FEATURE — When purging closets and drawers one often finds long forgotten treasures. On the occasion of packing and moving I recently encountered files full of drawings and paintings created by my children when they were young. Glancing through the variety of single pages, I enjoyed beautiful flowers, palm trees, and sunshine. On the more vigorous side were cars, trucks and even a flipbook of karate kicks drawn with pencil on a pad of sticky notepaper.
You may have drawers full of the same, or perhaps a fridge covered with these masterpieces. Sorting through these files generated a plethora of memories and sparked a certain ideology: children are naturally drawn to the arts. They can be mesmerized for hours with a box of crayons or watercolors and a pile of blank paper.
This can be the beginning of art enrichment, and an opportunity for children to express emotion – be it negative or positive – through creative response rather than speech. It can be interpreted as a subjective response, because it is a personal depiction of the world as seen through the eyes of a child. This type of art is not invented, but rather, a product of imagination with some external grounding.
Children who are encouraged to create masterpieces by combining personal expression with what they experience will gain a greater appreciation for the world around them and be better equipped to deal with emotional difficulties. The key is to enrich the experience so that the outcome can be well represented. One way to do this is by deliberate exposure to beautiful masterpieces of art and music.
Here in the St. George area we are fortunate to have the Cultural Arts Department of Dixie State University to provide visual and performing arts for students and the community at large. The first quarter of the new year will be bursting with outstanding performances through the Celebrity Concert Series and those provided by the DSU dance, music and theatre departments.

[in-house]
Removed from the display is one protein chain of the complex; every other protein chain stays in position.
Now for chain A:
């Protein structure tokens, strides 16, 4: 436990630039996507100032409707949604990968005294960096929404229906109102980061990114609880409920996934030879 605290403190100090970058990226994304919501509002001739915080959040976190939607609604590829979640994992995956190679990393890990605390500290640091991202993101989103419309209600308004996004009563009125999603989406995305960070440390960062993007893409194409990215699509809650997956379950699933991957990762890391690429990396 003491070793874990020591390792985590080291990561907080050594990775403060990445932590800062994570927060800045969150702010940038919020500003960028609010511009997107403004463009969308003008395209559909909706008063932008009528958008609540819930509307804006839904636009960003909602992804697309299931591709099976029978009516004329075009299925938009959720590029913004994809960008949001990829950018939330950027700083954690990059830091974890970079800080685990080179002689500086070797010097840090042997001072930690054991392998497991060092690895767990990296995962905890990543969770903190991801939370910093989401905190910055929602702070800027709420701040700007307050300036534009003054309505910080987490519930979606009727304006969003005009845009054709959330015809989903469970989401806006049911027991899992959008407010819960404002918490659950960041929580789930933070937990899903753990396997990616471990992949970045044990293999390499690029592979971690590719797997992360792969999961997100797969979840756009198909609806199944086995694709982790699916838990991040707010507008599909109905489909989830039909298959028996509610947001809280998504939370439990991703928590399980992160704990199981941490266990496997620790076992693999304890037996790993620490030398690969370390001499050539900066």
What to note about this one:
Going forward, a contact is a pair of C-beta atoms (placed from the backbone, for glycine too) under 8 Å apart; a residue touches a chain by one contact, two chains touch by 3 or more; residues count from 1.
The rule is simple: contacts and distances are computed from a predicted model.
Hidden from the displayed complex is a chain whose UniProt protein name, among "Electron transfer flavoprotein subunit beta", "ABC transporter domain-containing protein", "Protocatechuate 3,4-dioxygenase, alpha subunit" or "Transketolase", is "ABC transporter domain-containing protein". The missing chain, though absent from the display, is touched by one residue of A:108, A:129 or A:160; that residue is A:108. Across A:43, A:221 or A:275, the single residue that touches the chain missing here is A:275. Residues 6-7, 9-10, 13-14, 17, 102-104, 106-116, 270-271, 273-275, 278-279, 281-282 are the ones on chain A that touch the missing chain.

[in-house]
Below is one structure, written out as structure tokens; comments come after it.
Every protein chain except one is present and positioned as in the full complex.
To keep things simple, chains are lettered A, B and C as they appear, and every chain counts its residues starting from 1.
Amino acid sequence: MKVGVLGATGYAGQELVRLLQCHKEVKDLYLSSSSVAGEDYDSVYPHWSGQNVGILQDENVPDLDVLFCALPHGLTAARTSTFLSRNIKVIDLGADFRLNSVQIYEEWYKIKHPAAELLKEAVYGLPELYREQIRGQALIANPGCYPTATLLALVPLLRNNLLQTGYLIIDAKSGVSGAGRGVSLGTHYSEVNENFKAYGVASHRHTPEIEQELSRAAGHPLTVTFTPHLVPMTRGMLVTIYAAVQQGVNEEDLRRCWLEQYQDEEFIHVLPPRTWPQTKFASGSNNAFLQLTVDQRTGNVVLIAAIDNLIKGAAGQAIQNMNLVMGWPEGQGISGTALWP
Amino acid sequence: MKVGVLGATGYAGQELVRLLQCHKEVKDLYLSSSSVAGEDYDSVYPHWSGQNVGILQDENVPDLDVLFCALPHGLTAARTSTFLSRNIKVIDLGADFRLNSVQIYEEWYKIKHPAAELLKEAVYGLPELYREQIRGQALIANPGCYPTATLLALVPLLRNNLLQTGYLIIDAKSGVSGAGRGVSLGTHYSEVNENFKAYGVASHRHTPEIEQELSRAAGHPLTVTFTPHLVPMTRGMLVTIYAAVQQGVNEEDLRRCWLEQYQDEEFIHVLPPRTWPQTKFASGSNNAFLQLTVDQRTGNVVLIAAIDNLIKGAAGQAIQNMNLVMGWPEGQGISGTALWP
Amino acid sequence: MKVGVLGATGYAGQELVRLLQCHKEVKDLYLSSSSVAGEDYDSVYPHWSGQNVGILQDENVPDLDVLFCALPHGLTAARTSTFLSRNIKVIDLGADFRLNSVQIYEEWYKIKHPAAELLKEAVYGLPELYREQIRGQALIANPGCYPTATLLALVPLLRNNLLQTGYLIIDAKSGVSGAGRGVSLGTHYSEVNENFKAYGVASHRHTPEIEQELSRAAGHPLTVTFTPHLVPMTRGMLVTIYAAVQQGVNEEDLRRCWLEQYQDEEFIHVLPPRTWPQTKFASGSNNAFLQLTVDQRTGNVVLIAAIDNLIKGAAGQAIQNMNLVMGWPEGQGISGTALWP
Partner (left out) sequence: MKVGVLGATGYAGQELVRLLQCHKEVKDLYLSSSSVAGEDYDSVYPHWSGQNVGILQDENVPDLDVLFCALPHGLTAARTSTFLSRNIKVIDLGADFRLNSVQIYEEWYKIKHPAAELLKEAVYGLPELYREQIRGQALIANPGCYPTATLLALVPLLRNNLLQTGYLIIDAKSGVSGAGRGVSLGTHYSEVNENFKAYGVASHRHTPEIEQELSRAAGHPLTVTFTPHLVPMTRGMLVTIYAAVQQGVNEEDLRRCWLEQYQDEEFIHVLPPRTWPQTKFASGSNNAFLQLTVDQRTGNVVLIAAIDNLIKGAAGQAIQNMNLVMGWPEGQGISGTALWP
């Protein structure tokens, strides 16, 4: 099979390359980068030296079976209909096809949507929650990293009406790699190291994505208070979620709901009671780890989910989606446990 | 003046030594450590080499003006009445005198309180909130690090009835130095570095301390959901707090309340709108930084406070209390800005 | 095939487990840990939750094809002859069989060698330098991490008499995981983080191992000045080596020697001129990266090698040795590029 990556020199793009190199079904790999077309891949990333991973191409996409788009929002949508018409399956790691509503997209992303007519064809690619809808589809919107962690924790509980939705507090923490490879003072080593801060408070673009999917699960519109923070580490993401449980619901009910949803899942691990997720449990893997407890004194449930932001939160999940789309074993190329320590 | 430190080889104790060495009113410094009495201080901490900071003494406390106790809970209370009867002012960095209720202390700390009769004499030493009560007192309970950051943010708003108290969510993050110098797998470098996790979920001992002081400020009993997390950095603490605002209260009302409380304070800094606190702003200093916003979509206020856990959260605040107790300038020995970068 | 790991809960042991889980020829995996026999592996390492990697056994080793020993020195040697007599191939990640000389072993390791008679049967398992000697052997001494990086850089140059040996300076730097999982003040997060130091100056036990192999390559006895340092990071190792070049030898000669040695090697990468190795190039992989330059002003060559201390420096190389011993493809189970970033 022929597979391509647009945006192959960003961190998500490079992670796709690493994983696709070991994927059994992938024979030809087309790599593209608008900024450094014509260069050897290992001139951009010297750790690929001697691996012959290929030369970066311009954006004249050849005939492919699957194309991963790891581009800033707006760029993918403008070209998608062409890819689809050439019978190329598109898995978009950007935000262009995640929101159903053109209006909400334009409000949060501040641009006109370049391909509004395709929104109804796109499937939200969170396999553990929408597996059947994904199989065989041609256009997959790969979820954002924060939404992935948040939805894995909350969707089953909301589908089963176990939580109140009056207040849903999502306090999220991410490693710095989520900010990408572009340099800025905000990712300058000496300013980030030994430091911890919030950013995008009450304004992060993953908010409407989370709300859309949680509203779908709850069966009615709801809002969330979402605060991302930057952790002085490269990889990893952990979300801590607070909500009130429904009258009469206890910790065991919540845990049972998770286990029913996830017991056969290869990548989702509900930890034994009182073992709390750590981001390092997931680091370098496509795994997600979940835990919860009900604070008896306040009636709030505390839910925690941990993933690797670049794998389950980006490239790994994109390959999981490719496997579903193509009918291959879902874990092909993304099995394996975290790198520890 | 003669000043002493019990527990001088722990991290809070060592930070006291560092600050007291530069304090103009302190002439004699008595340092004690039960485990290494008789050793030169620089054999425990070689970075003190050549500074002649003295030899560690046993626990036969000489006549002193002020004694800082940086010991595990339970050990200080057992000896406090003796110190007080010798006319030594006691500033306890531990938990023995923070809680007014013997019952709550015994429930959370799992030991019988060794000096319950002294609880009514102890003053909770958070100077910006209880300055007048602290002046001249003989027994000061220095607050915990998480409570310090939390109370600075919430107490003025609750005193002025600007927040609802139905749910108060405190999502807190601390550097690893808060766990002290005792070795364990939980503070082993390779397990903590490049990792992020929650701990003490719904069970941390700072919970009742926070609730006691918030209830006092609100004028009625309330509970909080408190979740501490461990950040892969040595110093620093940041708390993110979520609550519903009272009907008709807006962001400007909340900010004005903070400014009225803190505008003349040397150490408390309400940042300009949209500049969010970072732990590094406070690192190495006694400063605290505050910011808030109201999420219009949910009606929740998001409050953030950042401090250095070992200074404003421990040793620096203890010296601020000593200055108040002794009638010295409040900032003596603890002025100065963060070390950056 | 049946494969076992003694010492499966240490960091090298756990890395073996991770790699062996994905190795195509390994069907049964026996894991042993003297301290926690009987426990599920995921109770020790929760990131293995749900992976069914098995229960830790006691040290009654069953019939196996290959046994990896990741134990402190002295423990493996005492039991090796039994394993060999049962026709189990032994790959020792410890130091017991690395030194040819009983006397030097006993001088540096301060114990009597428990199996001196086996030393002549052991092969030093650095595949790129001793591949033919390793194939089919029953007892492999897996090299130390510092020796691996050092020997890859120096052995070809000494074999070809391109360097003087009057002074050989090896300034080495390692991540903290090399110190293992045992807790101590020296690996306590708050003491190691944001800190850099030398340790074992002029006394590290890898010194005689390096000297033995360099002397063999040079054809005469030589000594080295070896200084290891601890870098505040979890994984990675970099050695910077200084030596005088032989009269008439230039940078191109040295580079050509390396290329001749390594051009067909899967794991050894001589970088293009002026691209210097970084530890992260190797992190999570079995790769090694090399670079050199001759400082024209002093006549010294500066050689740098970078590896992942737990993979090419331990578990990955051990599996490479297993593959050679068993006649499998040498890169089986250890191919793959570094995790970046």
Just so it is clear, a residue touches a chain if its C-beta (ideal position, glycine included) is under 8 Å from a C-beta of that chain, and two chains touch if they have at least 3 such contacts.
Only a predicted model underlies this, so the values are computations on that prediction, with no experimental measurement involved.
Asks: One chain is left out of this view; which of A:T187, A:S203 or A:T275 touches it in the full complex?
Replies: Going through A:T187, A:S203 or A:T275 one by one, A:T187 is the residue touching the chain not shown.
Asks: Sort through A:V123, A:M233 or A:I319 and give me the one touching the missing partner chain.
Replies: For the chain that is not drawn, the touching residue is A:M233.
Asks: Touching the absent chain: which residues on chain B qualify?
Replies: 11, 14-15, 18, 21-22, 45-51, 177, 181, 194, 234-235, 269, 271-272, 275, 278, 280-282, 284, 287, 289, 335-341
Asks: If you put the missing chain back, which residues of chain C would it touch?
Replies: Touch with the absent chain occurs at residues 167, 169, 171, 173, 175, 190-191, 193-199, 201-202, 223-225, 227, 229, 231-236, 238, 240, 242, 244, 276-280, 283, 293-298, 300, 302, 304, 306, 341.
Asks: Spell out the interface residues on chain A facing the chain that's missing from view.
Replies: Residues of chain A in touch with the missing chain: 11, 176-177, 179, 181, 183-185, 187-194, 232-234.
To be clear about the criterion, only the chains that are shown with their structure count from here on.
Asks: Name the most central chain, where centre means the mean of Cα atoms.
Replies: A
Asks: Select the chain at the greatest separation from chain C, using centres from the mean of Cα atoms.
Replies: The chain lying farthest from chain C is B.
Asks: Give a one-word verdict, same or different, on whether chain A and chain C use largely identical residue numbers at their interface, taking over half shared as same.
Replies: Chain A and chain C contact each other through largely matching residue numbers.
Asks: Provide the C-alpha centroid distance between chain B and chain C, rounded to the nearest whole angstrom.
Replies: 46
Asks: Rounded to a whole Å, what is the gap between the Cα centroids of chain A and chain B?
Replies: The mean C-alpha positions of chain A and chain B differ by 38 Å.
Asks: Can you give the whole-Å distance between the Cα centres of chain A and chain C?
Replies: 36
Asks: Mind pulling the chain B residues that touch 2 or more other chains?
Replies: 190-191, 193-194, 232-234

In addition to these performances, each year for nearly 30 years the university celebrates art through the Robert N. and Peggy Sears Dixie Invitational Art Show and Sale. The show is an opportunity to enhance the gallery, but also a way for children to engage in a visual art experience. While strolling through the gallery one might consider gifting art to a local school so that these students can continue to enjoy fine art when the lights of the Sears Invitational go dim.
We know the challenges our children face as they encounter day-to-day life. Pablo Picasso said:
Art washes away from the soul the dust of everyday life.
A contribution of art to a local school may assist in brightening the life of a child so they are reminded of happiness amid stressful moments. The art can also motivate creativity and strengthen the mind of a child. Children delight in creative pieces that are displayed on the refrigerator. When they are young it sometimes seems like clutter in the kitchen.
Fast forward many years and these splashes of watercolors and colorful lines of crayon become treasured masterpieces to be cherished.
Written by Lani Puriri for St. George Health & Wellness Magazine and St. George News.